Photo courtesy of All American Racers
Racecar development pioneer Phil Remington has passed away at the age of 92.
After service as a flight engineer in the South Pacific in World War II, Remington threw himself into the post-World War II hot-rodding and motorcycle scene in Southern California. A severe motorcycle racing crash led him to turn his attention to the engineering side of racing, building intake manifolds for Eddie Meyer while producing Indy cars for millionaire Sterling Edwards. He was involved with Lance Reventlow's Scarab Formula 1 effort before joining Carroll Shelby and the Ford Le Mans racing program, where he played key roles in the development of the Shelby Cobra and subsequent Ford GT40 and Mark IV Le Mans cars.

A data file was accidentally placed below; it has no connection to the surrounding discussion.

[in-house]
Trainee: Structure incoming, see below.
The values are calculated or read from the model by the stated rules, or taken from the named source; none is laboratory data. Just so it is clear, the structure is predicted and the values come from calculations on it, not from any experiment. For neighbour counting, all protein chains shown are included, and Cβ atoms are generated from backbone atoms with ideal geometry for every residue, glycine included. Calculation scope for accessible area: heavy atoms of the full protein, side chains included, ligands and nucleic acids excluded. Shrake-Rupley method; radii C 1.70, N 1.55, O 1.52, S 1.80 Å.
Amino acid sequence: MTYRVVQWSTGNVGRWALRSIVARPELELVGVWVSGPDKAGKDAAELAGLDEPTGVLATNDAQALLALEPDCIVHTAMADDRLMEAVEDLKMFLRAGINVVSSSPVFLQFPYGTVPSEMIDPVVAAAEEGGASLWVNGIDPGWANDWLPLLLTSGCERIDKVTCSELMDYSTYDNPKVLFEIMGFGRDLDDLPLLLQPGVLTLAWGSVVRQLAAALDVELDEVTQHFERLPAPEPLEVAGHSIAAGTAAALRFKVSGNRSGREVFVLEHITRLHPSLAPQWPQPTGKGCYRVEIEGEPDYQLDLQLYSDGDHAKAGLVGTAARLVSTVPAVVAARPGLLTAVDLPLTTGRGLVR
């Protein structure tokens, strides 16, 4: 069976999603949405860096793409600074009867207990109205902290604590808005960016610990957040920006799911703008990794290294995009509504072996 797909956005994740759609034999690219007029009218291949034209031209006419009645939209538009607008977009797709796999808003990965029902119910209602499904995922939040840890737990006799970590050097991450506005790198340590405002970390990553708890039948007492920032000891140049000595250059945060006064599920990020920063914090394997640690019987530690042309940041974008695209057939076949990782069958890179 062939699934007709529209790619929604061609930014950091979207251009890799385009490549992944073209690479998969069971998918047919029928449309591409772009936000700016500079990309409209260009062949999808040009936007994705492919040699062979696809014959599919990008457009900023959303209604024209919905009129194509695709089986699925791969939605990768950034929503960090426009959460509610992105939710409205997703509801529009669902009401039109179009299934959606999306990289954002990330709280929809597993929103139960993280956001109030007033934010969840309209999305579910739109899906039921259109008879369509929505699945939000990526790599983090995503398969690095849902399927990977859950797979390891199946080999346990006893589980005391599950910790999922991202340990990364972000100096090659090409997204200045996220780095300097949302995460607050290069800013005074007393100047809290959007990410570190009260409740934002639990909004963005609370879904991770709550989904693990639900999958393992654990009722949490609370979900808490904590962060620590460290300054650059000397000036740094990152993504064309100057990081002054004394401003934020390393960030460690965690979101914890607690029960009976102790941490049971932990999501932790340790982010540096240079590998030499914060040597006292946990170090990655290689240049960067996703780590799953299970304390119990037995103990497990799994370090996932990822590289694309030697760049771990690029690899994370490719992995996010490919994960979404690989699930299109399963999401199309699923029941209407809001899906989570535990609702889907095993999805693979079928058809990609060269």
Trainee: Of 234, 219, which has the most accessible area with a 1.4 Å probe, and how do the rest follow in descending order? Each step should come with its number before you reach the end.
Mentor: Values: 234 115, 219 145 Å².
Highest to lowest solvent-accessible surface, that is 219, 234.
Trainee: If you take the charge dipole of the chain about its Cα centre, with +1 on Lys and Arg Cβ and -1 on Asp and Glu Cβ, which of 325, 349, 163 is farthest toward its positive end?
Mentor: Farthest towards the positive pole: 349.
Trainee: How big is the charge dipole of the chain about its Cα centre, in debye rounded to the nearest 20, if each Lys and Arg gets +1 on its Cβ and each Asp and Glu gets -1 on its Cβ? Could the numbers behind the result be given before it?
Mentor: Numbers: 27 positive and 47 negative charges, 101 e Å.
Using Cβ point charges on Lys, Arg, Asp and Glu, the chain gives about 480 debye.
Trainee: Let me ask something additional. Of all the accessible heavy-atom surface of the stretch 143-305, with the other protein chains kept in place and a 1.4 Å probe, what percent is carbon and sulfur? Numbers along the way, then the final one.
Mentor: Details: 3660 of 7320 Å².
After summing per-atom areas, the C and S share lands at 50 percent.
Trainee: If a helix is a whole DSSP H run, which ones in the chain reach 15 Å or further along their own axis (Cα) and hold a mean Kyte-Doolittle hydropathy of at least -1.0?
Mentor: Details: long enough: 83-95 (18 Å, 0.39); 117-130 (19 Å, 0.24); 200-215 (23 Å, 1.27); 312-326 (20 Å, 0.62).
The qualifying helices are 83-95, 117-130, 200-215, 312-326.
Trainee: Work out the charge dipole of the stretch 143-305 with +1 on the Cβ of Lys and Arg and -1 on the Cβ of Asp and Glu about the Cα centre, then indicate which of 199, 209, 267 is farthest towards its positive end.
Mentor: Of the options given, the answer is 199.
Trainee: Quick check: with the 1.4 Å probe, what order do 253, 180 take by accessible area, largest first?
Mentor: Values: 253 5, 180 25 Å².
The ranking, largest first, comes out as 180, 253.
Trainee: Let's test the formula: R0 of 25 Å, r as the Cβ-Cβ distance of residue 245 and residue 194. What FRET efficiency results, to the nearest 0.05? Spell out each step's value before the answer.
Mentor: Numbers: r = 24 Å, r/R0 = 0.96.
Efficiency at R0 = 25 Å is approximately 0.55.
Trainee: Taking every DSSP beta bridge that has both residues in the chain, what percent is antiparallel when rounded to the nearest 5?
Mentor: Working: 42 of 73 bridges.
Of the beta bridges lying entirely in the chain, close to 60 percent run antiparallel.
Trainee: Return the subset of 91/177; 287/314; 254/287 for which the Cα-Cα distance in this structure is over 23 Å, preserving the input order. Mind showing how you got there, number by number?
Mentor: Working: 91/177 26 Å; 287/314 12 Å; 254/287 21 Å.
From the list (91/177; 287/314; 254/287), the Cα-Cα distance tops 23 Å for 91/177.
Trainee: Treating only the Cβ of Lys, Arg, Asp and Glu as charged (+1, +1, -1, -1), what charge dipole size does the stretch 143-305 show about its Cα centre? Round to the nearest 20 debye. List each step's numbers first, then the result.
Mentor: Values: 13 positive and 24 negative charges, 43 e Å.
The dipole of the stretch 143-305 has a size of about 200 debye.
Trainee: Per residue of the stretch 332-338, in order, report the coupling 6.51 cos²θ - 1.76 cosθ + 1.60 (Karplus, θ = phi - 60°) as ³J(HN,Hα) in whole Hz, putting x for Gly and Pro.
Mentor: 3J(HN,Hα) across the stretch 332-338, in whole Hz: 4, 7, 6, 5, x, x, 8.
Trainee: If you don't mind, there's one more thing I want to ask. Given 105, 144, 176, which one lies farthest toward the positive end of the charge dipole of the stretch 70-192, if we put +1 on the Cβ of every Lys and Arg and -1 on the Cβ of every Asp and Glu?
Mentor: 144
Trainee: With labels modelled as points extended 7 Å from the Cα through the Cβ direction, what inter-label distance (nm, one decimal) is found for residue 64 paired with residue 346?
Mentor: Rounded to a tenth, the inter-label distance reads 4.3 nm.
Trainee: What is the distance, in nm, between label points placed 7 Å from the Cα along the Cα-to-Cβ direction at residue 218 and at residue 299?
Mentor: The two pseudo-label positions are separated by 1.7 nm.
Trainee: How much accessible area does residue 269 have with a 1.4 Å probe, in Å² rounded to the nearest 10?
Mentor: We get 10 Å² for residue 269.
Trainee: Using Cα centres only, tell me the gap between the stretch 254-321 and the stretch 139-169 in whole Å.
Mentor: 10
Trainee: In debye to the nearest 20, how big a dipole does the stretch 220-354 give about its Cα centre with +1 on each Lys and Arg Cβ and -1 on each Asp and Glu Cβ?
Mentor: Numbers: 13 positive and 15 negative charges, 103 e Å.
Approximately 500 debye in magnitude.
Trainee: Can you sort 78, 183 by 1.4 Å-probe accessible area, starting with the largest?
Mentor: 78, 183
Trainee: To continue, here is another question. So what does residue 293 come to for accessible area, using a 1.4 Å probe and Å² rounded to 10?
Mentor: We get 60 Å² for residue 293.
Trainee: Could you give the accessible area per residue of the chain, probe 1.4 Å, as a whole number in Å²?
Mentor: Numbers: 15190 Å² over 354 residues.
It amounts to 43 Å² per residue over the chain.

Remington subsequently entered into a long relationship with Dan Gurney's All American Racers, serving as as "a fabricator, designer, draftsman, engineer and all around problem solving genius" at AAR for 43 years. At a 90th birthday party for Remington, Gurney – his boss and friend for more than three decades – called Remington AAR's "Rock of Gibraltar.”
"He is a marvel, an old salt, and an inspiration to young and old. I know, it is a cliché, but when they made old Rem, they threw away the mold," said Gurney.